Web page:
“Then I’m not going to introduce ‘the Chip Long offense’ to the next offensive coordinator,” Kelly said. “But if (Long) wants to change ‘Ringo Lucky’ protection to ‘Ram and Lion’ protection, go right ahead. If he wants to change certain calls, I’m OK with that.

“But the culture of the offense is still the base offense that I have always run, because I’ve got to be able to carry that with me from year to year.”

The Long/Kelly collaboration has allowed for more flexibility in roles for receivers and tight ends, however. A case in point, two talented big receivers — Equanimeous St. Brown and Chase Claypool — were stuck on the same side, in the same role in 2016.

But on Wednesday, Long was lining up St. Brown and Claypool at the same time on opposite sides with the first-team offense.

Claypool was dominating during the 30-minute media window on Wednesday, particular during a tackling drill that got his would-be tacklers in hot water with new defensive coordinator Mike Elko.

Kelly reiterated Wednesday what he proclaimed before spring practice began, that Claypool is no longer being considered for a flip to the defense, even though he showed a high aptitude for it as a tackler on ND’s coverage teams last season.

“He’ll continue to contribute on the special teams end of things,” Kelly said of the 6-4, 224-pound sophomore, “but we need his play on offense.”

Wimbush, by George

Every Notre Dame No. 1 quarterback going back to Everett Golson has spent time with private quarterback tutor George Whitfield, with Golson’s being the most extensive contact during his fall away from ND football (2013), brought on by a suspension for academic misconduct.

For Malik Zaire, DeShone Kizer and most recently Brandon Wimbush, during last week’s spring break, it’s been much shorter bursts.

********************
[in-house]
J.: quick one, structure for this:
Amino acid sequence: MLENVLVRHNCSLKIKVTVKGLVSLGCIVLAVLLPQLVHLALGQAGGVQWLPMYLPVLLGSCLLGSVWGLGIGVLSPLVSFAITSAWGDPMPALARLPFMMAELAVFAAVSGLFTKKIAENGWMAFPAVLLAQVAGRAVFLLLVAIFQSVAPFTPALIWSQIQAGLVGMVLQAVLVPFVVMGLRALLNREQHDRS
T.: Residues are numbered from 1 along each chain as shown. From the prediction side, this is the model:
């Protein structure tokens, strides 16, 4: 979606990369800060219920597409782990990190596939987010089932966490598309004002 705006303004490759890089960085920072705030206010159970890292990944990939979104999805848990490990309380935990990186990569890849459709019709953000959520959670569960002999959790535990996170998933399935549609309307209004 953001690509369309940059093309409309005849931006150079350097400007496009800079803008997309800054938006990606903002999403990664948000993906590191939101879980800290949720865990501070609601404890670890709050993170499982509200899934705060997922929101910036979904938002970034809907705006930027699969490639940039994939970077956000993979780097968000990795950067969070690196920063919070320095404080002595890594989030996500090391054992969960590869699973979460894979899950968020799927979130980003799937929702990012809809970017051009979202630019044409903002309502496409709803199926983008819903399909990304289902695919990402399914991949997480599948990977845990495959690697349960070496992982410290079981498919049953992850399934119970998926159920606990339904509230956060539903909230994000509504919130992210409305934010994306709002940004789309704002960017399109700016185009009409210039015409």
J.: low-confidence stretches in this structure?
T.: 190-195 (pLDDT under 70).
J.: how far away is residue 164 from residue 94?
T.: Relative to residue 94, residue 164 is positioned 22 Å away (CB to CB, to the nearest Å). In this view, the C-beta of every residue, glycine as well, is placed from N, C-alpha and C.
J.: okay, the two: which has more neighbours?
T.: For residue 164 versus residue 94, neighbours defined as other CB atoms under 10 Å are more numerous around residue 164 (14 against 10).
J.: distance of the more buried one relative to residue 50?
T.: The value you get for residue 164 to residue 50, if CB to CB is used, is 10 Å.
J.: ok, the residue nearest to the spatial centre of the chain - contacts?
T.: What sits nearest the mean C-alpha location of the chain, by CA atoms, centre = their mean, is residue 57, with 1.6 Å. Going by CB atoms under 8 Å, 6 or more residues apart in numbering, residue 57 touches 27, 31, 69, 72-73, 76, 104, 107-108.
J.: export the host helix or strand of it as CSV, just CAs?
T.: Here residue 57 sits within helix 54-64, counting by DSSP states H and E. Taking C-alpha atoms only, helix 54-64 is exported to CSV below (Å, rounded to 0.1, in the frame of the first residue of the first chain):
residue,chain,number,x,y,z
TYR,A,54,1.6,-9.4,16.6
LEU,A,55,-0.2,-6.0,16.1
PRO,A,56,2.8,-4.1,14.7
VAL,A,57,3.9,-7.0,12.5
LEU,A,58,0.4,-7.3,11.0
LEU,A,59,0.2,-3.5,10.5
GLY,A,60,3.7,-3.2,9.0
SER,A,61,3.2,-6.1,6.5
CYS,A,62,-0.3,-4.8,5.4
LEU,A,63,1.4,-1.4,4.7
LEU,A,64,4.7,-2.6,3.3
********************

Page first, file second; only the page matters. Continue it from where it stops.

Kelly said he didn’t see a problem with the QBs working with Whitfield, but he also said he didn’t detect any noticeable changes or improvement either when Wimbush or the others came back from those short sessions.

“I think it’s a bullpen session,” Kelly said. “I think they’re keeping their arm loose, they’re keeping their feet lose. He’s just keeping them active, good throwing sessions.”

Kizer feedback

Wimbush’s predecessor, Kizer, will throw for NFL scouts, coaches and personnel types Thursday during Notre Dame’s Pro Day.

While they’ll certainly have a chance to form opinions of the first redshirt sophomore in school history to enter the draft with their own eyes, Kelly has been asked to add context to Kizer’s pre-draft workouts.

“I’ve had a number of conversations with GMs and coaches about DeShone,” Kelly said, “and my personal feeling is that he has the biggest upside of all the quarterbacks.

“I don’t know that he’s prepared to come in and win a Super Bowl for you. Some may feel as though one of the other quarterbacks are. I don’t know that firsthand, but I think in time he has the biggest upside of the quarterbacks.

“I get it’s the NFL, and everybody is under the same pressure of performing and needing somebody to come in right away. He’s a guy who just needs some time. So if he gets in the right situation, I think he’d be the guy to take.”

Squibs

• Two redshirt freshmen, Tommy Kraemer and Liam Eichenberg, are battling for the starting spot at right offensive tackle, a competition that’s likely to endure throughout spring and possibly beyond. Last year’s starter at right tackle, senior Alex Bars, is now the No. 1 right guard.

• The surest tacklers Wednesday among the safeties and corners in an open-field tackling drill were sophomore cornerback Donte Vaughn and junior safety Nicco Fertitta.

Notre Dame freshman running back CJ Holmes runs a drill during Notre Dame's first practice in pads this spring, Wednesday at the Loftus Center. (Tribune Photo/BECKY MALEWITZ)